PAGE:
At 75, Ed Manny is a wanted man. Just about every day, insurance organizations tell him so — both by mail and phone. And many have plenty to offer: richer health benefits, lower out-of-pocket costs, less worry.
"I probably had three in the mail yesterday," says Manny, a retired military man, about the steady stream of solicitations. And that's on top of the three or so phone calls a week he fields from different groups. Adds Manny: "I've been getting it for some time. But I'm probably getting more mail now."
And there's a mountain of letters on the way.
Manny lives in Pinellas County, part of the Tampa Bay area and an affluent bedroom community bordered by the Gulf Coast. This has long been one of the favorite retirement spots in the country — a place where retirees can enjoy warm weather and a long strip of sunny beach. And it's a bellwether community for managed Medicare — a place that saw the sudden bloom of Medicare+Choice in the '90s followed by the steady wilt of the past five years.
The Bush administration believes that changing the financial underpinning of Medicare plans with $14 billion in added payments over the next 10 years — while adding a new Part D drug benefit — will fundamentally transform the competitive landscape. By steering much of that money into new benefits, insurers hope the plans currently operating in Pinellas will be more attractive to beneficiaries when compared with traditional Medicare. And by giving the plans a Medicare rate that permits profits, the new Medicare should also start attracting new competitors to further whet the plans' competitive instincts — propelling a new deal for beneficiaries through private enterprise.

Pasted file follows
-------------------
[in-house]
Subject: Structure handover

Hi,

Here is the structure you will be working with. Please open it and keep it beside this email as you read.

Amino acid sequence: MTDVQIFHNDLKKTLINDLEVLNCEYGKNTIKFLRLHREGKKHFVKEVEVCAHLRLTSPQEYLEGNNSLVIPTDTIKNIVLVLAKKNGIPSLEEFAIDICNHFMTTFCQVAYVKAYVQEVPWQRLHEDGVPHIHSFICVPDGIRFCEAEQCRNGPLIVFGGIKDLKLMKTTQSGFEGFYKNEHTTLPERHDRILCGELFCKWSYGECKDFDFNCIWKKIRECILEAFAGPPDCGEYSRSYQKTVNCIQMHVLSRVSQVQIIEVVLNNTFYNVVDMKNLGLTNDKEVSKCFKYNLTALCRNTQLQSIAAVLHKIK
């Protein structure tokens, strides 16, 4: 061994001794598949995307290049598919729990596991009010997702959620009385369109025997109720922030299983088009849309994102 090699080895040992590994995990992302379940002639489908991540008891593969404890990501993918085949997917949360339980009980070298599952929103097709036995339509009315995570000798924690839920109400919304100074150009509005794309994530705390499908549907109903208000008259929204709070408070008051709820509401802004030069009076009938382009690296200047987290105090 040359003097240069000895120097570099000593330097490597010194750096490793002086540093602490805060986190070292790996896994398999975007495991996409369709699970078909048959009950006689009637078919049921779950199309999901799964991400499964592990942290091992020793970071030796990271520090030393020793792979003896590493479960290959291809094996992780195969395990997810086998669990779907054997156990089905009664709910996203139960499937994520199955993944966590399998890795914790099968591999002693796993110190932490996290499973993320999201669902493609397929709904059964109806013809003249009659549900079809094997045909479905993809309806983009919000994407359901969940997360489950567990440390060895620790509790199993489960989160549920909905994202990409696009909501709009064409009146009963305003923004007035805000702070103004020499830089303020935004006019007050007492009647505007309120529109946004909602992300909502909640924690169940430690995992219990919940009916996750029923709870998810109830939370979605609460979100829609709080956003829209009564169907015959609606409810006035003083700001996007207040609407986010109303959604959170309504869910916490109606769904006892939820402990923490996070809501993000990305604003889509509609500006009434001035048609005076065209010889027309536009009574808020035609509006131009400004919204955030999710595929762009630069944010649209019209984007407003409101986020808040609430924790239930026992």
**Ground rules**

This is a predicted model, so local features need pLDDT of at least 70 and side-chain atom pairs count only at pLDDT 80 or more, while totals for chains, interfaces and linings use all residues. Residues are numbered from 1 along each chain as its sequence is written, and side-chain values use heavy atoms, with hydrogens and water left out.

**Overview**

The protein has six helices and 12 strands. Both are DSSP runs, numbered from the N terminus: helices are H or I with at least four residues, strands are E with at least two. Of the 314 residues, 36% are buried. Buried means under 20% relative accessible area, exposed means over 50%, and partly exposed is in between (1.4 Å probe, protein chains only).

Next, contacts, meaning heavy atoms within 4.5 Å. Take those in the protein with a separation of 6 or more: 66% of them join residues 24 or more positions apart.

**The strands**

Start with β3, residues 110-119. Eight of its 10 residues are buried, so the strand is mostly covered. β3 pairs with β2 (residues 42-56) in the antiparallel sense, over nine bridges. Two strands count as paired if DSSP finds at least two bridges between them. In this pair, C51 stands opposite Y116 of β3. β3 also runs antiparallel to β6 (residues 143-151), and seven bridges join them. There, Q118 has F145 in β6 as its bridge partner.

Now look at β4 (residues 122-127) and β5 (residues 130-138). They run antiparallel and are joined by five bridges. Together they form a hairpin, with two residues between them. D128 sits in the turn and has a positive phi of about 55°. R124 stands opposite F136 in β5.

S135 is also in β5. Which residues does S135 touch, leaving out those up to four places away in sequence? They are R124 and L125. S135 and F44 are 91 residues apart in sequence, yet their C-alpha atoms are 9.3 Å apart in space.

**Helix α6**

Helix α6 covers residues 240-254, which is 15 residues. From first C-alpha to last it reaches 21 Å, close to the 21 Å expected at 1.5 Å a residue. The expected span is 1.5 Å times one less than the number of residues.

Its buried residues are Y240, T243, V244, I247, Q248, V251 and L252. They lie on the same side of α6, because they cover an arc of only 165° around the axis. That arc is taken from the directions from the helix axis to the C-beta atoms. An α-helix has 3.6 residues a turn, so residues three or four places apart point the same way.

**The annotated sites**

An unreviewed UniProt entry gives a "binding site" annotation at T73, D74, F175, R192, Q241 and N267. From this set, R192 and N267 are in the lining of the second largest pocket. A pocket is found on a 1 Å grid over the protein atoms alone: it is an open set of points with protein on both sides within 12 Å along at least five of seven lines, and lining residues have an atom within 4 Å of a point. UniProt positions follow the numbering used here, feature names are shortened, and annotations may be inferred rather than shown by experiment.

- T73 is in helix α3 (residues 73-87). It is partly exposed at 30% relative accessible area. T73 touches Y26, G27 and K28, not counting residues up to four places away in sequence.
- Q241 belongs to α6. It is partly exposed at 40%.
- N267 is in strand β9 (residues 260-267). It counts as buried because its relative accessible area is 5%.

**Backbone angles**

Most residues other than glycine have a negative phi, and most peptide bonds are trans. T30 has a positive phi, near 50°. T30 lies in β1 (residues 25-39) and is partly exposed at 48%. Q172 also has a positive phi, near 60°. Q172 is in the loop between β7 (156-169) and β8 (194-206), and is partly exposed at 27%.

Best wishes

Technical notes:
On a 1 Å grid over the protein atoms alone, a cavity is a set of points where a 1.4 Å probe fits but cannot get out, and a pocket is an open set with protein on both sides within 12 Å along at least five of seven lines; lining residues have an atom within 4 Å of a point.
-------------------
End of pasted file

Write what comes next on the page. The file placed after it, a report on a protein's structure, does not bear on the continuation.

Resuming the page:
It's early days in the new program, but Managed Care wanted to see what the theory looked like in practice inside Pinellas County.
A close look found some encouraging signs. The handful of plans that stayed in the market say they are making money on the federal program and they're all finding distinctively different ways to use the extra funds to attract new members. At least one plan is seeing numbers swell after a lengthy stagnation. But there's also no immediate sign that any old players want back in — and the jury's still out on just how much new competition will be drawn in by bigger government payouts.
If there is going to be a turnaround in managed Medicare, Pinellas County is the kind of place that will see it first.
"We are an elder community," says Robert Kerce, who runs the Oldsmar Senior Center in Pinellas County. "There are so many assisted-living and retirement communities, it's just unreal. There's one on every corner."
And they dominate the local health care market.
"Even though reimbursements are still inadequate, a lot of physicians here are in a sense forced to accept Medicare," says Robert Entel, MD, a radiologist and president of the county medical society. In many practices, he adds, Medicare accounts for 60 percent to 80 percent of patient billing.
Some 22 percent of 926,000 county residents are over 65, an incredibly tempting target for the managed care groups that sought to gain market share in the '90s. And for years, Medicare+Choice worked well in Pinellas.
In 1999, 11 health plans had contracts in Pinellas County with Medicare. They catered to 73,671 people — more than a third of all the retirees in the county. The plans received $520.99 per member per month. By 2000, though, those enrollment numbers began to shrink.